Muscat – The International Monetary Fund (IMF) said that economic scarring appears modest thus far in Oman, though this could change if the COVID-19 pandemic is prolonged.
The policy support measures implemented by the authorities have helped contain bankruptcies in the sultanate’s hard-hid sectors, the IMF noted in its Article IV Consultation Staff Report.
‘Coordinating COVID-19 policy support measures and structural reforms, announced as part of the Economic Stimulus Plan (ESP), would help minimise the long-term scars on the economy. However, the pandemic and collapsing oil prices in 2020 have exacerbated vulnerabilities, including intensifying corporate-bank-sovereign interlinkages,’ the fund said.
It said that the financial performance of Oman’s non-financial corporates has deteriorated in recent years, with declining profitability, increasing leverage, and rising debt service for selected sectors.
‘While policy support measures should continue to be in place or even scaled up until recovery firmly takes hold, measures should be targeted and time-bound to viable firms,’ the IMF said.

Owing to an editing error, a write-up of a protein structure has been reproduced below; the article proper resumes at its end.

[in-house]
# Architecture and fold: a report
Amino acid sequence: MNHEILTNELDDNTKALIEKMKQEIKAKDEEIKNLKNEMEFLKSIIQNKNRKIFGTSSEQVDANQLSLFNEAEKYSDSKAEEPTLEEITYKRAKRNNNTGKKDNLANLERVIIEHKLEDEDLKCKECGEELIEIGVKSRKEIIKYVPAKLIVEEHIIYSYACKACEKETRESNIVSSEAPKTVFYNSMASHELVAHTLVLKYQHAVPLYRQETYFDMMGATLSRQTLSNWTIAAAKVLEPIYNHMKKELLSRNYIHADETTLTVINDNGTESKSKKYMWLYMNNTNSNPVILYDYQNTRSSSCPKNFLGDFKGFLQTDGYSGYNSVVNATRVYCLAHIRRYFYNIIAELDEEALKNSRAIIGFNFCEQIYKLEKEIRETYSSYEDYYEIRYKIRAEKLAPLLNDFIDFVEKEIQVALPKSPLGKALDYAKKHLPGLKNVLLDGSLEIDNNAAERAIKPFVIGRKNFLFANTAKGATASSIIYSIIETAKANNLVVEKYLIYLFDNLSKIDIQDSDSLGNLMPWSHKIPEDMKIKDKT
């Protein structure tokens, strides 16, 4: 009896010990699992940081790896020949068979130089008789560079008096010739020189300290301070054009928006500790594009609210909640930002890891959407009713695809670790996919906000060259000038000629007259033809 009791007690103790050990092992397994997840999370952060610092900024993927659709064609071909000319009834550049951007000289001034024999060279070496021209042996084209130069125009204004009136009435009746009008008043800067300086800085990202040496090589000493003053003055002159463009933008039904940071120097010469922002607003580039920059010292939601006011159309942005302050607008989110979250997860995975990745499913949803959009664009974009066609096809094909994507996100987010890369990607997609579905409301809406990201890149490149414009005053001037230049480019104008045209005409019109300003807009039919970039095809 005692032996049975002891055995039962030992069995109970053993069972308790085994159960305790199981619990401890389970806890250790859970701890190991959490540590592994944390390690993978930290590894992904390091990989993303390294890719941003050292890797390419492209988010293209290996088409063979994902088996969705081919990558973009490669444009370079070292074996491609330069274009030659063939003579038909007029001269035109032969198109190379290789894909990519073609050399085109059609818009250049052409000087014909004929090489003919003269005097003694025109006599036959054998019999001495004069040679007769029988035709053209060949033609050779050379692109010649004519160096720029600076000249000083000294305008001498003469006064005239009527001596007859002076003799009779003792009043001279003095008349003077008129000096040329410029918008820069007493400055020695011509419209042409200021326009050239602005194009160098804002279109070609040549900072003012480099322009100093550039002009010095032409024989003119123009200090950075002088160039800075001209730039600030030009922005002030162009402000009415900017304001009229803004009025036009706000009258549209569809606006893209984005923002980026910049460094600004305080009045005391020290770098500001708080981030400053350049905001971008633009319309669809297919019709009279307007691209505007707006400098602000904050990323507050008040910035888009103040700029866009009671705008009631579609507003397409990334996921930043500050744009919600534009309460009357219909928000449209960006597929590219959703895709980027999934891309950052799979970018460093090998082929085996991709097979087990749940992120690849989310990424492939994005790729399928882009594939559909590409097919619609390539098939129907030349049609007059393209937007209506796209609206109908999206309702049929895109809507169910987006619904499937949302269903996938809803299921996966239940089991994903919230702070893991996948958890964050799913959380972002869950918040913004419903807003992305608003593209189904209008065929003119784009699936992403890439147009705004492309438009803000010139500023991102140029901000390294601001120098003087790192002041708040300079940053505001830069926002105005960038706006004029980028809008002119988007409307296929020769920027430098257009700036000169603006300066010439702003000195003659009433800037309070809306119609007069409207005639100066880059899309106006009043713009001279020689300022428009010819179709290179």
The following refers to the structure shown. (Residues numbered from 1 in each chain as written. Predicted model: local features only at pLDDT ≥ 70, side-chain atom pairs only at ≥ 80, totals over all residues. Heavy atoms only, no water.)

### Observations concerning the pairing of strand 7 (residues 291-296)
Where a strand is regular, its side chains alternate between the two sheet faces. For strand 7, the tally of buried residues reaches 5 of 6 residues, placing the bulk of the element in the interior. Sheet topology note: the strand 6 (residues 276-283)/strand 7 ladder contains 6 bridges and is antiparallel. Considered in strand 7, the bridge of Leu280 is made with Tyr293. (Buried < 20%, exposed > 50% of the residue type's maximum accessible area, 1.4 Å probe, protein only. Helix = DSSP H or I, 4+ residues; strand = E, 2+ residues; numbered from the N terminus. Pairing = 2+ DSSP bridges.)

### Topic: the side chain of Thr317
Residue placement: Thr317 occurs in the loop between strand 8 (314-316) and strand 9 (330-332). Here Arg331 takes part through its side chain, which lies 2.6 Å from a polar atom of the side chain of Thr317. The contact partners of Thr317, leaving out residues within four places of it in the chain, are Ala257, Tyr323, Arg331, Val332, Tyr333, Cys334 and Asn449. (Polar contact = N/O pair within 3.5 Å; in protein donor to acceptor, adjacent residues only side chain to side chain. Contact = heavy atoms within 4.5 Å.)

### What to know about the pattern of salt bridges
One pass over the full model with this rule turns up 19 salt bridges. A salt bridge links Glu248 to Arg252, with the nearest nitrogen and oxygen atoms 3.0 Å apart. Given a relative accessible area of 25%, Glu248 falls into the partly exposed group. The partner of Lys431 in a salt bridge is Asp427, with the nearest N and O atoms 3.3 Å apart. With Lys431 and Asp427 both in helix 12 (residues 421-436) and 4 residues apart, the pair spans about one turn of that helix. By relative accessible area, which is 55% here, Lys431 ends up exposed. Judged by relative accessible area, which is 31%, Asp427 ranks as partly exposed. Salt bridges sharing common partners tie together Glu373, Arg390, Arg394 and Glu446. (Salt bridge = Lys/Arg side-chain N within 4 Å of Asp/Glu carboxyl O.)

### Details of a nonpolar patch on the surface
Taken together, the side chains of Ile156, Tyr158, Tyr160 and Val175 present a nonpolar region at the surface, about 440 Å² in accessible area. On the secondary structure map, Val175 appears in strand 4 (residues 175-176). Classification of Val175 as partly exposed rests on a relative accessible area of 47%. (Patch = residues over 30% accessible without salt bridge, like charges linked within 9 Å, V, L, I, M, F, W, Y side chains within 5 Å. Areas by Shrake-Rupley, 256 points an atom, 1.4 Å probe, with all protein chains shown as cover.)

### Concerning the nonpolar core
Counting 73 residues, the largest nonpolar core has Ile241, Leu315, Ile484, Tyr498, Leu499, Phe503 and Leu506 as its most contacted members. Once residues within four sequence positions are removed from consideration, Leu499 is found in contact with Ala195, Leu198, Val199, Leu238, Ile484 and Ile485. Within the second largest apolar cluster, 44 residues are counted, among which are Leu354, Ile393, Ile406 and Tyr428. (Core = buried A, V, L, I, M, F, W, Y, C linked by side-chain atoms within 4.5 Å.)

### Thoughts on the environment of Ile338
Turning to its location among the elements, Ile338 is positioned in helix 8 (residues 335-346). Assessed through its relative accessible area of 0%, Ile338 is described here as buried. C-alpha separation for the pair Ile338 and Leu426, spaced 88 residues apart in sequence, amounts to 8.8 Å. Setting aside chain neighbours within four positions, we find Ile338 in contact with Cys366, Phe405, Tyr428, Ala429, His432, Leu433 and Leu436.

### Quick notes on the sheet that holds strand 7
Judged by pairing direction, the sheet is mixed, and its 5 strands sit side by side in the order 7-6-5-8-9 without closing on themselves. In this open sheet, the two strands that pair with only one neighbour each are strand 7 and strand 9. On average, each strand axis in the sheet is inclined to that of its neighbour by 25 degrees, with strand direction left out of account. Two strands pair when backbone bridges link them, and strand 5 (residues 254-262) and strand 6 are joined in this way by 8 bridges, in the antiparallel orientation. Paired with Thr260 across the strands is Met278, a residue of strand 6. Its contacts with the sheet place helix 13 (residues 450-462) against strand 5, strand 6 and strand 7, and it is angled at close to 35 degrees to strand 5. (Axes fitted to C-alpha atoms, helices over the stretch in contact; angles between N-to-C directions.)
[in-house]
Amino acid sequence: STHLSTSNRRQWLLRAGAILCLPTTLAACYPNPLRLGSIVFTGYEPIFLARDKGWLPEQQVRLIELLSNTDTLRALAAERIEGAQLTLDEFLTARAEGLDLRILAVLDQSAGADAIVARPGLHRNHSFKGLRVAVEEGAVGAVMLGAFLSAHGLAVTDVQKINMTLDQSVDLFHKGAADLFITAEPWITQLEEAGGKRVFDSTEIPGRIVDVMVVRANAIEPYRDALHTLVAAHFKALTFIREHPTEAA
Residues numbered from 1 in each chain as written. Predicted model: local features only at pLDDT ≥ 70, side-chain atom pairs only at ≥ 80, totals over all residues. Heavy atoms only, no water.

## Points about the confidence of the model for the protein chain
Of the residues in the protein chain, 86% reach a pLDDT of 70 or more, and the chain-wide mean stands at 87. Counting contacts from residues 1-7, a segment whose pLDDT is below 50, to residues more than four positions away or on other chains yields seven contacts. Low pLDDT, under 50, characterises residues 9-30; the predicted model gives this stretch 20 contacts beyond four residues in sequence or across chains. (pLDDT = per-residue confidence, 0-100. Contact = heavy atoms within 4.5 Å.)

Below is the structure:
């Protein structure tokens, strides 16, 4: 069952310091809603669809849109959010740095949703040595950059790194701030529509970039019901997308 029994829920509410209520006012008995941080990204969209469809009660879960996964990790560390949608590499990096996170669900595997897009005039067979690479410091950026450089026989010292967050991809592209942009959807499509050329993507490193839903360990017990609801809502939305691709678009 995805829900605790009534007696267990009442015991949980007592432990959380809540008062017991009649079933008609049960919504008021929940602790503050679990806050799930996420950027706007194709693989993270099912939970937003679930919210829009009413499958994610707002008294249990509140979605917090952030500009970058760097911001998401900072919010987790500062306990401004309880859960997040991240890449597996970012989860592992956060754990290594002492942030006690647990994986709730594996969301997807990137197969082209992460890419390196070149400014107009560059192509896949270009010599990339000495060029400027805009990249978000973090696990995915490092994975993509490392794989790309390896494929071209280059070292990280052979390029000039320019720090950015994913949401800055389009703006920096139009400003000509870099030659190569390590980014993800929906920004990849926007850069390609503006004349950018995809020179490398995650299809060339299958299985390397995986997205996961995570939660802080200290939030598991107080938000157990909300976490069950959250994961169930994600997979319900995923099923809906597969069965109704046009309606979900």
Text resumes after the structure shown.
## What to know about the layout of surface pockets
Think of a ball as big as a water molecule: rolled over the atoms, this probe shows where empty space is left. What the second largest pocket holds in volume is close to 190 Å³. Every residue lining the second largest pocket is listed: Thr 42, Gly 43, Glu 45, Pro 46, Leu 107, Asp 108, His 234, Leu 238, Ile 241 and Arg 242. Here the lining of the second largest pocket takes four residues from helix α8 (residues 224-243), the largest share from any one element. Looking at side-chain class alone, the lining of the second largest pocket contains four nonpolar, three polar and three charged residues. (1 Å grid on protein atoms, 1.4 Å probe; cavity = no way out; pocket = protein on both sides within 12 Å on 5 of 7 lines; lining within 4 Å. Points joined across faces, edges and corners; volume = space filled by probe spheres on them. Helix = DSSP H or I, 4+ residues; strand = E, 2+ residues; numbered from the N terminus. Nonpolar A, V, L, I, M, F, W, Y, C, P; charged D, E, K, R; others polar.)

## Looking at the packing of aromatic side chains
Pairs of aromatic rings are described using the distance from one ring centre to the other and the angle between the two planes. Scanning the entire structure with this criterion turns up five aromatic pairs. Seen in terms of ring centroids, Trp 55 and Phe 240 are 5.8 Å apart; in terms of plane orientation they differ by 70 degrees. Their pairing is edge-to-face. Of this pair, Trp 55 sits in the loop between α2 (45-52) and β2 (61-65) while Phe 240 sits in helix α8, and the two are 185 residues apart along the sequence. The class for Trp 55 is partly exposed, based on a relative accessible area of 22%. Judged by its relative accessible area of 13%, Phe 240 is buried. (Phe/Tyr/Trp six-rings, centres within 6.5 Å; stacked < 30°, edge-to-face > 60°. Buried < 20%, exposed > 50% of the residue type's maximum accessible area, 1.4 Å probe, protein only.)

The IMF acknowledged the updated Bankruptcy Law and stressed exploring the scope for further strengthening insolvency and debt restructuring tools to facilitate smooth resource reallocation.
It said, ‘The authorities undertook decisive measures to limit the impact of the pandemic on the economy. Fiscal, monetary, and financial measures were deployed to ease the burden on households, firms, and banks.’
‘The authorities emphasised that near-term policies will be guided by the ESP. They expressed their cautious approach to phasing out policy measures, while supporting vulnerable households and affected sectors. To mitigate risks from the withdrawal of support measures, timing and calibration of exit measures are being carefully coordinated among government entities,’ the fund said.